"Many of our students underestimate themselves."
"Our biggest challenge is making sure everyone can participate"
Aniel Ramawadh was the first in his family to go to university, thanks to an elementary school teacher who encouraged him to pursue vwo. Now he is a member of the executive board of Zadkine in Rotterdam. "I hope that with the help of digitization we can make education accessible to everyone," he says.
It smells like pepernoten in the hall of Zadkine in the centre of Rotterdam. Bread & Pastry students walk down the corridor in white aprons. In a small room, aspiring stewardesses listen to their teacher. This mbo institution offers a wide range of courses to 17,000 students. They are trained as hairdressers, forklift drivers, nurses or silversmiths, for example.
It is a typical Rotterdam school, says Aniel Ramawadh. "We are dealing with metropolitan issues here. More than 60 per cent of the students have a migrant background. In all of Rotterdam, that ratio is 50-50. So diversity is a reality. Our biggest challenge is inclusiveness: making sure everyone can participate."
"I never had role models myself"
Two years ago, Ramawadh joined the Zadkine board. "Aniel is a role model for the youth of Rotterdam," said the news release about his appointment. He was born in Suriname and grew up in Rotterdam-West. "That was not a nice place at the time, with high unemployment and low literacy. You don't expect someone from a family with people who have always worked in cleaning and factories, to become a director of a large institution. But you see: it is possible. I am proud that I now run the school that my siblings attended."
His parents only attended primary school, and at home, Ramawadh was not really encouraged to learn. "After primary school, I wanted to go to mavo because that's where all my friends went. But one of my teachers said: you can do more. It had never occurred to me to go to vwo. He signed me up personally. I never had any role models myself, not even in my subsequent career. You really have to be open to learning."
The building was closed, but education had to continue
He chose to study development economics because he cared about the fate of others. "I was concerned about poverty. I worked at the Ministry of Finance, a housing association, the mental health services, until I reached a point where I thought: what do I want to do with my career now? A headhunter asked me if I was interested in teaching. And actually I always wanted to. I enjoy sharing knowledge and developing myself."
Ramawadh joined Zadkine in corona time. The building was closed, but teaching had to continue. "We provided a lot of online classes, used tools and set up classrooms for blended learning, a combination of face-to-face and digital teaching. Our team did that very cleverly. But that is not the same as digital transformation. Meanwhile, I also worked on a digital strategy."
The digital campus is all about the student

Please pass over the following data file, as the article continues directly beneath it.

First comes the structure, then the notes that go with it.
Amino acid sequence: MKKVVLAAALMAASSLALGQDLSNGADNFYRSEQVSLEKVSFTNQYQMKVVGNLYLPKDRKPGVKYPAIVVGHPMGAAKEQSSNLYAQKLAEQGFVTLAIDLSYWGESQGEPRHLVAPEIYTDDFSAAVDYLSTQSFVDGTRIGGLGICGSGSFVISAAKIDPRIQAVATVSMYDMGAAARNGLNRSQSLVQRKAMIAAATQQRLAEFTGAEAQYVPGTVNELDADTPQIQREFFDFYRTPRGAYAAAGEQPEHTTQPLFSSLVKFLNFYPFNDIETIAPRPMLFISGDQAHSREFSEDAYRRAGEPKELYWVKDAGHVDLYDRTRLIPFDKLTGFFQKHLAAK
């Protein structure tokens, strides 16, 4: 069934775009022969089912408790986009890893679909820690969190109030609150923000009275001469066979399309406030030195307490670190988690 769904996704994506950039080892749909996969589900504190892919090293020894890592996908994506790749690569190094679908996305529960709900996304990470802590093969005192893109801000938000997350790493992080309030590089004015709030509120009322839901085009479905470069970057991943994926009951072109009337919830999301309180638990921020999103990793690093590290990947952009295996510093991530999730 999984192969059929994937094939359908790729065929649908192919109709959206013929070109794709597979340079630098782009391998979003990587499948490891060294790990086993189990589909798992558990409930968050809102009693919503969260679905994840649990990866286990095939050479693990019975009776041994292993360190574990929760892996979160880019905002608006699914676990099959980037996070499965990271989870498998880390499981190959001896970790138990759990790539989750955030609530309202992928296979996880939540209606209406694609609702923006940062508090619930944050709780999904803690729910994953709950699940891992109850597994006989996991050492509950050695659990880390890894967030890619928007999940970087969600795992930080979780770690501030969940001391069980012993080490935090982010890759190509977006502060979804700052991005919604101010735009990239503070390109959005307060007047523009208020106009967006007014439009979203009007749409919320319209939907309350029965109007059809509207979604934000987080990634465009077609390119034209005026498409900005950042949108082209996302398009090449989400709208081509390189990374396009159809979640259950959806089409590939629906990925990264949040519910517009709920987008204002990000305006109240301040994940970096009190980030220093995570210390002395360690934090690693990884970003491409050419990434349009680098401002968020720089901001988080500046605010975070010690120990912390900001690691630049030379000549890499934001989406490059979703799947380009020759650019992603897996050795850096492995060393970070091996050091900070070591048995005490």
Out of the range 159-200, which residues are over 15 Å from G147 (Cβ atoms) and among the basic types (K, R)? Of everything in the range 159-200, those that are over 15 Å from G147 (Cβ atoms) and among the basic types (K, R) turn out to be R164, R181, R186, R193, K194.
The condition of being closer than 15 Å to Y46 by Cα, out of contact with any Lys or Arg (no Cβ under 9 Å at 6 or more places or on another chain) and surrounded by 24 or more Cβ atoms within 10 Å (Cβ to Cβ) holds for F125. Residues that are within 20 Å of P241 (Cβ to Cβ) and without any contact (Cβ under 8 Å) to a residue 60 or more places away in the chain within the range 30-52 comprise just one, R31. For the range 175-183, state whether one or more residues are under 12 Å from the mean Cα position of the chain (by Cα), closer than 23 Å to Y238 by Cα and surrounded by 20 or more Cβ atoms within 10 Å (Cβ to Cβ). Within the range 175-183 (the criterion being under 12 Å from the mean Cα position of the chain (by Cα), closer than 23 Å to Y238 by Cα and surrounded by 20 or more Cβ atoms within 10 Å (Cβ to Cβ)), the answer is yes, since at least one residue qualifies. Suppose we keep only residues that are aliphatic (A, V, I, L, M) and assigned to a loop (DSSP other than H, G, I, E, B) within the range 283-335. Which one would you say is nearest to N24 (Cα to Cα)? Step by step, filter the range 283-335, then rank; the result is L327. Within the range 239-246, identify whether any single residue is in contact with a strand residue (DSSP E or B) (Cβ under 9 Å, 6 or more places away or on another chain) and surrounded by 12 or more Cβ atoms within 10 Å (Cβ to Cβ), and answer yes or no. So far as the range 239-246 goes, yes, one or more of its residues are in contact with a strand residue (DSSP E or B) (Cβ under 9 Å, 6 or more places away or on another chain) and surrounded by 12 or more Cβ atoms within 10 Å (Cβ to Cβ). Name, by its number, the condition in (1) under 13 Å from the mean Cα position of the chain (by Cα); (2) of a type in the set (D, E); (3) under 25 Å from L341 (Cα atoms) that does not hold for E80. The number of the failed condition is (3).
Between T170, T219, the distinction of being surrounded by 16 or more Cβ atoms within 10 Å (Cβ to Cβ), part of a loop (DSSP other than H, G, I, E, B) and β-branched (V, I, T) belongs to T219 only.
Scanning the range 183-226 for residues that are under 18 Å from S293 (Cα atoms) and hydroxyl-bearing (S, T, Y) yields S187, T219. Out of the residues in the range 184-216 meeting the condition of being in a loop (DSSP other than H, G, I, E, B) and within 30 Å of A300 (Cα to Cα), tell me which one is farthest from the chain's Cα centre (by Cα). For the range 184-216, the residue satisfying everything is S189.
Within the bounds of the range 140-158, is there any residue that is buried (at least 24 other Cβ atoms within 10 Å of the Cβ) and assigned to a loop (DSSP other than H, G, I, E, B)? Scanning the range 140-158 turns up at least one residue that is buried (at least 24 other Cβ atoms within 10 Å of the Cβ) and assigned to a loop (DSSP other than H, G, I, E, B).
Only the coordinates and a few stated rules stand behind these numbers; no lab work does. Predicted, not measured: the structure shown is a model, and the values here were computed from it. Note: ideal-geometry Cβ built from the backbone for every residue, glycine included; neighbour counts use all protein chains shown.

That strategy, according to Ramawadh, starts with a good IT infrastructure: "Your network, wifi, laptops: all those resources have to work well and be connected. Then you start harmonising and standardising all the processes in your organisation. You can then start working data-driven, because you shouldn't make decisions based on gut feeling. For example, you want to identify student dropouts in time, so that everyone leaves the institution with a diploma."
The last pillar in his digital vision, Ramawadh calls the 'digital campus', where students are the first focus. "Just like in the physical world you have a school building with classrooms and practice rooms, I want to create the same in the digital world. An environment where students can follow different modules and teachers can share knowledge and find tools. We are developing that now."
Making education accessible to all
Ramawadh was involved in the funding application for the Digital Transformation Impulse for Education, a program to improve education by taking advantage of the opportunities of digitalization. "I'm a tremendous supporter of that because it's all about the student. Some are late bloomers. They start working first and then pick up their studies again. We are really moving toward lifelong learning. For that, we have to agree on one basic structure in the Netherlands. So that a student doesn't have to re-apply and submit supporting documents every time. I think it would be great if we could achieve that together."
"I believe in a different way of education. Selecting based on the Cito test is so early, it does damage. We have many students whom we need to help with their self-esteem: they feel 'not good enough for vwo.' Whereas all types of education are equal, and that is how it should be perceived. We have a student from a university of applied sciences who takes courses here. He designs something there and builds a prototype here. Currently, a lot has to be arranged for that."
"The idealist in me hopes that with the Digital Transformation Impulse we will make education accessible to everyone. See, there are various kinds of poverty. If you couldn't go on a school trip in the past, that was unpleasant. Now, if students don't have a mobile phone or a laptop, they are really excluded from society. You think all young people can handle computers, but many of our students have never had a laptop at home and have no digital skills. So we need to train in that as well. We now have digital citizenship classes and I'm really proud of that."
Text: Josje Spinhoven
Photo's: Sicco van Grieken